Live From Pebble Beach: The Grand Finale

On Saturday night at Pebble Beach Food & Wine Festival, there were four different dinners closing out the weekend. For the awards-oriented, there was the Food & Wine Best New Chefs Alumni Dinner. Linguini lovers and ex-Romans had "An Italian Love Affair" to attend. If you were at PBFW for hair gel tips more than for the food, Guy Fieri's Interactive Dinner was a perfect option. And If you were really lucky (or lucky enough to finagle a media pass), you were at the Grand Finale Dinner featuring a full line-up of Champagne from Dom Pérignon. Baller status. Here are some things I learned over the course of the evening:

1. Everything tastes better when you're looking out into the ocean. The Beach & Tennis Club overlooks Stillwater Cove and with the fog rolling in just as dinner was starting, it felt like a meal on a movie set. Seriously, I thought I saw Teamsters in the background making sure the green screen didn't move. I hereby vote that all future restaurants be built next to coves for maximum dining enjoyment.

2. Some people treat dress codes as more of a suggestion. Every event supposedly had a strict dress code with blazers and ties required, but the truth is, people wore whatever they wanted to. One couple at the dinner looked like they were straight out of The Hunger Games. The guy was wearing vibrant orange chinos and his female counterpart took things a step further with neon green shorts and matching neon shoes. I half-expected Stanley Tucci to announce their arrival. Apparently understated is out this year with the Pebble Beach crowd.

3. If you serve Champagne from 1970, expect people to gasp. This dinner marked the first time Dom Pérignon's Oentotèque 1970 has ever been served in the United States. It was tremendous. After resting comfortably in Dom's cellars for 40 years, the wine itself has relaxed considerably, which makes it closer to a white Burgundy than a Champagne. Personally, I couldn't stop smelling it. At first I thought the nose had more caramel notes, but eventually I realized exactly what I was sniffing—the distinctive aroma of a French vanilla cappucino bought from a vending machine. The similarity was uncanny. My tablemates didn't agree. To be fair, I was about 30 glasses of Champagne in at this point.

4. People are really impressed when food looks like something. LA chef Michael Cimarusti (Providence) served a Santa Barbara spot prawn dish with some sort of breadcrumb mound that looked like a prawn chillin' on a sandy beach. The only thing missing was a pair of edible shrimp sunglasses. Tons of photos were taken.

5. Vincent Chaperon, the babyfaced winemaker for Dom Pérignon, is known in the Champagne world as "The Chosen One." It's mostly because he's in his mid-30s, but also because he defeated both Voldemort and Veuve Clicquot at birth. (He's also answered our stupid questions about Champagne.)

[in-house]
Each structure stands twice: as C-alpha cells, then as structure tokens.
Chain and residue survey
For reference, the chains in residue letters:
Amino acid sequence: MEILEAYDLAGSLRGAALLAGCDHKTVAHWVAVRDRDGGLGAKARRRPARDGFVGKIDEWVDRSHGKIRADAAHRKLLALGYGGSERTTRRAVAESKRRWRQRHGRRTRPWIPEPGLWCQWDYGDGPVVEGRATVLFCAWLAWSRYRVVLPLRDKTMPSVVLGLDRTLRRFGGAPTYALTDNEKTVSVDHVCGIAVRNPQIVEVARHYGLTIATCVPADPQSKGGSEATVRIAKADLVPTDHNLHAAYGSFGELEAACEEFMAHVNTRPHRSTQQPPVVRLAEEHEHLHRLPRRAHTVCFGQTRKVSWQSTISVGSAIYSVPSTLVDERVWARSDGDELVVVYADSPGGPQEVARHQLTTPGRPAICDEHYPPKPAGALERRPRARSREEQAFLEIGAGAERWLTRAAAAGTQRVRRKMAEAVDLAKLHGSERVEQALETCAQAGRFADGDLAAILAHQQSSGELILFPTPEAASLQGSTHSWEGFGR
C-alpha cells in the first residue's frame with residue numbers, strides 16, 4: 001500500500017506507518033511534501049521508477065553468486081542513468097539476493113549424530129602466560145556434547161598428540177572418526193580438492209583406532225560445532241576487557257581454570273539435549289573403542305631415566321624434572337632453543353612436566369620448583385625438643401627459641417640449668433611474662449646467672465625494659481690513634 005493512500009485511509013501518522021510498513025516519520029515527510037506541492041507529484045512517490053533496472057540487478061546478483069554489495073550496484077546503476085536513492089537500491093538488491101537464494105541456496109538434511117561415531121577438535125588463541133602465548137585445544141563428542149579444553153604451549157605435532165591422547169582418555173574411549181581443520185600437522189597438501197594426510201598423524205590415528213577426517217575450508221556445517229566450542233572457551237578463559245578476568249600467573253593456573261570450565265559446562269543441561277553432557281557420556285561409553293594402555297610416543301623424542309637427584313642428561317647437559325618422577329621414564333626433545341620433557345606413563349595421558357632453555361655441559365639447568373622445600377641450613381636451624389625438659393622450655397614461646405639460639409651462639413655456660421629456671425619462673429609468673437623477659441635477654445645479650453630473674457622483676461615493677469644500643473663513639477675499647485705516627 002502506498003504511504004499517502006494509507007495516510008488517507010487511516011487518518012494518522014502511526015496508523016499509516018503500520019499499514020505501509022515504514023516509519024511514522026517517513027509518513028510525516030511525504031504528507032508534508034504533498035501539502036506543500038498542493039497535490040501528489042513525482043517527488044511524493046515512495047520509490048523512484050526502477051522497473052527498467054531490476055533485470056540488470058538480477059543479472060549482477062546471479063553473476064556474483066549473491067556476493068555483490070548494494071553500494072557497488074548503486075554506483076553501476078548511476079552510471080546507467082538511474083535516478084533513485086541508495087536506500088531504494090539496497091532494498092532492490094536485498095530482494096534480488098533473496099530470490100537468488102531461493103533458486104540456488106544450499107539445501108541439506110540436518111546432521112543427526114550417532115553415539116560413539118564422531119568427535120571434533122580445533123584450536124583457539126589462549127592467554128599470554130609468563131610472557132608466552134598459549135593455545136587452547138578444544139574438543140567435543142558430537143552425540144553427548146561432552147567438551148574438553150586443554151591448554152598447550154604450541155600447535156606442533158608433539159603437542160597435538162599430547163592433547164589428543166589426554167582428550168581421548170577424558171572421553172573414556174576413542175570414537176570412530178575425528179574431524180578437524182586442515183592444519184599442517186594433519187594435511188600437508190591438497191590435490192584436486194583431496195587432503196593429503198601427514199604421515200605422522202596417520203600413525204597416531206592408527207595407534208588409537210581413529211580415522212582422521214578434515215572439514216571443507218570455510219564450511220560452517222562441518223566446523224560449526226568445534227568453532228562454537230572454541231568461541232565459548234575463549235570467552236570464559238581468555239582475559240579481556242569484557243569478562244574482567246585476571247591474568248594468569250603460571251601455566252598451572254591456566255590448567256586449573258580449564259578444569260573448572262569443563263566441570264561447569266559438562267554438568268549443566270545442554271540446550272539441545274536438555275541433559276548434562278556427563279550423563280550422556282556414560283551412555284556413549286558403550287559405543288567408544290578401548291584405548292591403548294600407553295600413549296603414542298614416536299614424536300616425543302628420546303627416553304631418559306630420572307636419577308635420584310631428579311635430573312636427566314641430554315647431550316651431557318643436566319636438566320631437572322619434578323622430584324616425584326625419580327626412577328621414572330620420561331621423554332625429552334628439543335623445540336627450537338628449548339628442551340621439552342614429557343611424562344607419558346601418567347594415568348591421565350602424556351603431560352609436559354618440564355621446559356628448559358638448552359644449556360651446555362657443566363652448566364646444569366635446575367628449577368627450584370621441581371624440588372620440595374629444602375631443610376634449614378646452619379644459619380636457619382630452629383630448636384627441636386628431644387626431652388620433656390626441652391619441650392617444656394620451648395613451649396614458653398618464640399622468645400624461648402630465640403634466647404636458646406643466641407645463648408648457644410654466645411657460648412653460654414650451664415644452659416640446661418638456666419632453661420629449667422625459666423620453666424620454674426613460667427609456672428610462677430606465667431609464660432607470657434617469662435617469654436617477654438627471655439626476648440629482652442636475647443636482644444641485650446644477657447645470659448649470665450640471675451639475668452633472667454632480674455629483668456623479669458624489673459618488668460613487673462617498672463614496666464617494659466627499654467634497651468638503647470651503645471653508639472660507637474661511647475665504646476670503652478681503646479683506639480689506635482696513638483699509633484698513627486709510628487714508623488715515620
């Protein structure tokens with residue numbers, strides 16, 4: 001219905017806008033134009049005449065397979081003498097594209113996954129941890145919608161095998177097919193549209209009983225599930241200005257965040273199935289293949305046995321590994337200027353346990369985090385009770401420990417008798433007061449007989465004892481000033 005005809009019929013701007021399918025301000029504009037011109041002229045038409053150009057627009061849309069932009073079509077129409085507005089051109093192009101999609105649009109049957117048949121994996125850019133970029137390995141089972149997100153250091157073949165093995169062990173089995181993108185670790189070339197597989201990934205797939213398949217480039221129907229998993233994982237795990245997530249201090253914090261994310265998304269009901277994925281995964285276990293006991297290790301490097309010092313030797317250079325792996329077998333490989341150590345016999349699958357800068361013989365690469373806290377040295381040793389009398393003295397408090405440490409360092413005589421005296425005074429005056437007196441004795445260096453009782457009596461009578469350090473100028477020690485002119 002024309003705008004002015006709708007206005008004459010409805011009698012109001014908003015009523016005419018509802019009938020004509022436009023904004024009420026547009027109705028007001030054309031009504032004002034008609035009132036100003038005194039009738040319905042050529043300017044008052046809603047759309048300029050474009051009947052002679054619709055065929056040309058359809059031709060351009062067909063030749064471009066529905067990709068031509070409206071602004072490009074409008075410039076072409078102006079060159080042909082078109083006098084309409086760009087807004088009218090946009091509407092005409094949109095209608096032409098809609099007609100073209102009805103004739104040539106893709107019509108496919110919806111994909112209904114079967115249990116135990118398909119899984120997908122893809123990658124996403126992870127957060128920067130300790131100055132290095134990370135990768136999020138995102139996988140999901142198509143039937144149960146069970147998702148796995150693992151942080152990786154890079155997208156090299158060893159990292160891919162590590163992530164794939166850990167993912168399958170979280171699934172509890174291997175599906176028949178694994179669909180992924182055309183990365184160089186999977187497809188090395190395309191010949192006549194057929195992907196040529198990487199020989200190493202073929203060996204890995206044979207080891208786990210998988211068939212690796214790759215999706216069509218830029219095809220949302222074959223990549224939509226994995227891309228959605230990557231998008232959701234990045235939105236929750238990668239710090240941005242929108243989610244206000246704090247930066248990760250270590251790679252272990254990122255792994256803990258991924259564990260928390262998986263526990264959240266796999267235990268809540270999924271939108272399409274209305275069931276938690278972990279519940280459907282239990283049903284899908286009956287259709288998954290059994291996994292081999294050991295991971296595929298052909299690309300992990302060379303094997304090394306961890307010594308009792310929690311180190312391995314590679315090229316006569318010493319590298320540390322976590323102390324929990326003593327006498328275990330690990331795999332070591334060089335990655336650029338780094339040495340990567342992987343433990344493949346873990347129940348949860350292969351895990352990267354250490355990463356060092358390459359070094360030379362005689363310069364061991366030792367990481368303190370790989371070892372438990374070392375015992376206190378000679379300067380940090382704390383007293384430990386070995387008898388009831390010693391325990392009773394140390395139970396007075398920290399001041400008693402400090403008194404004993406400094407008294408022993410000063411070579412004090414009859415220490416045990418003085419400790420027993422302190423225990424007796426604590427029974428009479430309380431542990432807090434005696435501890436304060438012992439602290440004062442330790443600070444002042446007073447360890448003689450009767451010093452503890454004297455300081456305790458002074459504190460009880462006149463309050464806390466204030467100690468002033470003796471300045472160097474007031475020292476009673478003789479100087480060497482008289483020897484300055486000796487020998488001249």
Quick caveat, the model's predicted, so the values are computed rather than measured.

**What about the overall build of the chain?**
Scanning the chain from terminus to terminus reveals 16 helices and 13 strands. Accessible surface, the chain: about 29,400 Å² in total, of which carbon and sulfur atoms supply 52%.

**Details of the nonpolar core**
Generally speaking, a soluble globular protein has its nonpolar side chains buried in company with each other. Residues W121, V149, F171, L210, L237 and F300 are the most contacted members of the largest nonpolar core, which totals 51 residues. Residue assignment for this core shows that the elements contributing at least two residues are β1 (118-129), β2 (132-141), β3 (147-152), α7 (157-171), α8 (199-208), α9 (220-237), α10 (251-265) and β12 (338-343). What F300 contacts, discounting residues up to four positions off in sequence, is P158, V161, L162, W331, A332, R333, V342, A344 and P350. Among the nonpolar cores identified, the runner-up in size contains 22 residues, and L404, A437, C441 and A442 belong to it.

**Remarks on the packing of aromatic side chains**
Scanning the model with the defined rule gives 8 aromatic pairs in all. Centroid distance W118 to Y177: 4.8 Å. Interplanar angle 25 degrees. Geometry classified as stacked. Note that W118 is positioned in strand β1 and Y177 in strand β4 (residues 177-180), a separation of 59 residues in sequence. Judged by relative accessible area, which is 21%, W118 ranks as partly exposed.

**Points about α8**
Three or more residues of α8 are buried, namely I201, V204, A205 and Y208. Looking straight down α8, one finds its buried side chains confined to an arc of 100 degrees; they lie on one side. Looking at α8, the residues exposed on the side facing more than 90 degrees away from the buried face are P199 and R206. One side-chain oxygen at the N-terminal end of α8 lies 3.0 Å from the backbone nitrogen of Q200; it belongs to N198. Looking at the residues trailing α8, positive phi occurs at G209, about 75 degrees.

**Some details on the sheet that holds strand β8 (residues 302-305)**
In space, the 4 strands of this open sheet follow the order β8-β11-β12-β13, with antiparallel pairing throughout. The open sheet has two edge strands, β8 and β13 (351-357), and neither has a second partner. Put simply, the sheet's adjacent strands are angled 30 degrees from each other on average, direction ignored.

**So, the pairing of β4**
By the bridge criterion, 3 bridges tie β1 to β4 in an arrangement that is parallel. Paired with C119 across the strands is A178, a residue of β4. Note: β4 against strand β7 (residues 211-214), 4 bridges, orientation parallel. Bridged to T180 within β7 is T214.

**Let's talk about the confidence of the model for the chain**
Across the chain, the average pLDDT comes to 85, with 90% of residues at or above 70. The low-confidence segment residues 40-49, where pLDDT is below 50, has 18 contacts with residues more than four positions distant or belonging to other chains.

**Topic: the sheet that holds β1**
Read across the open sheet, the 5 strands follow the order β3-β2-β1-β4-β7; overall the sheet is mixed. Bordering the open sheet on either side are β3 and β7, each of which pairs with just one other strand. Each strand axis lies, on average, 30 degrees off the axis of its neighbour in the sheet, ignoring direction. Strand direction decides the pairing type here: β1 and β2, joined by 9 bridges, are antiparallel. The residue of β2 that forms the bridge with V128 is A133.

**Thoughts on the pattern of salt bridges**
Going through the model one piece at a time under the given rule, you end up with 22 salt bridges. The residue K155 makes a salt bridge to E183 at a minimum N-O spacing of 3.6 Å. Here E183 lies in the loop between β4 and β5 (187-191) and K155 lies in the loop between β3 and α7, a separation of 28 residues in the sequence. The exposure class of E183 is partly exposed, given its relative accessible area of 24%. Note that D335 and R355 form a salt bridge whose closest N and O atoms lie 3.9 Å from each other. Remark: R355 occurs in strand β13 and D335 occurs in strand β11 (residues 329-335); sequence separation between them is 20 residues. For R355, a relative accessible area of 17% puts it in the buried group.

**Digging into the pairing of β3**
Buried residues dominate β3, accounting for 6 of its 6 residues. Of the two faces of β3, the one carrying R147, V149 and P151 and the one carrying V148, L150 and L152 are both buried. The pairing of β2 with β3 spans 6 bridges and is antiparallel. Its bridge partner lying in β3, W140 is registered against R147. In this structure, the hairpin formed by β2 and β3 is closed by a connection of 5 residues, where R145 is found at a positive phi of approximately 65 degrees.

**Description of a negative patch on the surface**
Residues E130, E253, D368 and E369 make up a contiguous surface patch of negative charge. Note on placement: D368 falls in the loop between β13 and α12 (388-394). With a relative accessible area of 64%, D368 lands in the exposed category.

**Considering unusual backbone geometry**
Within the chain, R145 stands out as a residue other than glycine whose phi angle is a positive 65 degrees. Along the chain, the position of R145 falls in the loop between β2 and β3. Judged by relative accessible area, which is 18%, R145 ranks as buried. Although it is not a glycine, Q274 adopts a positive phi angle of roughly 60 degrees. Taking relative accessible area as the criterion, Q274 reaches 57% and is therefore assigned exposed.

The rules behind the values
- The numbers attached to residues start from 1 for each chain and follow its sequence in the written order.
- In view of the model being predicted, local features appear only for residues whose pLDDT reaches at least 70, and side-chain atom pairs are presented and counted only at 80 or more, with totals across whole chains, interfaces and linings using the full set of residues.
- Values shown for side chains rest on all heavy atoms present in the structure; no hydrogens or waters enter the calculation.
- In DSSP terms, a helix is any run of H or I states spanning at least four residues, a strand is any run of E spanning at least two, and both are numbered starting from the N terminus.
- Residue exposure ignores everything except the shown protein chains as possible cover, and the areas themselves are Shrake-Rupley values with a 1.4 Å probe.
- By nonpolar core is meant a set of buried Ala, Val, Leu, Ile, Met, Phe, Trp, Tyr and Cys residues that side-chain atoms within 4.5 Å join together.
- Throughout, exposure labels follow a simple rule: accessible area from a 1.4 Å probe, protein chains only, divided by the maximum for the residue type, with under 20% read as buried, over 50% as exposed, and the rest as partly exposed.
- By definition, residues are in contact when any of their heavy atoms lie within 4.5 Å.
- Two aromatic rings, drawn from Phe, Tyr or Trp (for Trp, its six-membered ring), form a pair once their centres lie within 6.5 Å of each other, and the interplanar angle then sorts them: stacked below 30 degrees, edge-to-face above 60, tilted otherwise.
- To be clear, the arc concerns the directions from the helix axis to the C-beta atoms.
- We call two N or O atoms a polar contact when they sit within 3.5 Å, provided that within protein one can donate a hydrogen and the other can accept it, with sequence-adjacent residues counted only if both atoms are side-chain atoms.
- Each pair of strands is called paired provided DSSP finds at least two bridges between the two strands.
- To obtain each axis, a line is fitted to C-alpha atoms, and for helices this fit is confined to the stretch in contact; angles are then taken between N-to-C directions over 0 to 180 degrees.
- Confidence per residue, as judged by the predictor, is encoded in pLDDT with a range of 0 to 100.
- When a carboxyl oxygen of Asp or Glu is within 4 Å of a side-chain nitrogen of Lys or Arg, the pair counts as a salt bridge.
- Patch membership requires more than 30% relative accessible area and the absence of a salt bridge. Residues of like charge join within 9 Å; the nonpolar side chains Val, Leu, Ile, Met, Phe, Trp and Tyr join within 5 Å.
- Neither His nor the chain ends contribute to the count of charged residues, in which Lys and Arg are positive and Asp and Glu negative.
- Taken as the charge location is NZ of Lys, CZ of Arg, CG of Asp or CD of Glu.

6. They get by with a little help from their friends. When I stopped back in the kitchen before service to survey the scene, I was surprised to find some big-name chefs back there that weren't listed on the menu for the evening. It turns out they were just helping out their buddies. Both David LeFevre of M.B. Post and Raphael Lunetta (JiRaffe) were lending a hand, which is like Derrick Rose and Dwyane Wade coming off the bench in the NBA All-Star Game.

7. Rich people like refills. The people at my table were extremely nice and friendly until they realized they were being ignored by the sommeliers, at which point they started organizing a mutiny. It makes sense. If you're paying $1,250 a person for dinner, you never want to look at an empty glass.

8. Rick Tramonto is taking his show on the road. After years at the top of Chicago's culinary scene, Tramonto is opening up Restaurant R'evolution in New Orleans with chef John Folse. In three weeks, Emeril's about to get some French Quarter competition. Bam.

9. It's not always age before beauty. The 1970 Dom was incredible, but I think it got more attention because it was bottled around the time that The Beatles were still touring. The real star of the night for me was the Oenothèque 1996. I don't think I've ever had a better glass of champagne.

10. Tyler Florence sometimes goes undercover as chef Clark Kent. Dude was rocking thick black-framed glasses for most of the night. His Santa Barbara uni with corn porridge, black truffle, bacon and ramps proved he's still a superhero, though.

11. If you're drinking single vintage champagne from 2003, you're drinking a lot of heartache. Dom is one of the few producers that exclusively makes single vintages and 2003 was one of the worst years on record in terms of European weather. Seriously. 70,000 people died that summer from the heat wave. And yet, Dom Pérignon was somehow still able to make their vintage that year despite losing most of their crop. Even more stunning: the harsh conditions created amazing fruit. I wonder if they'd be considered Conflict Grapes...

12. Don't mess with Josiah Citrin from Mélisse in Santa Monica. Seriously — the guy looks like he would take his mandoline to your face if you crossed him the wrong way. The crazy paradox is that his food is unbelievably sophisticated and elegant. Just another lesson to not judge a chef by the thickness of their neck.

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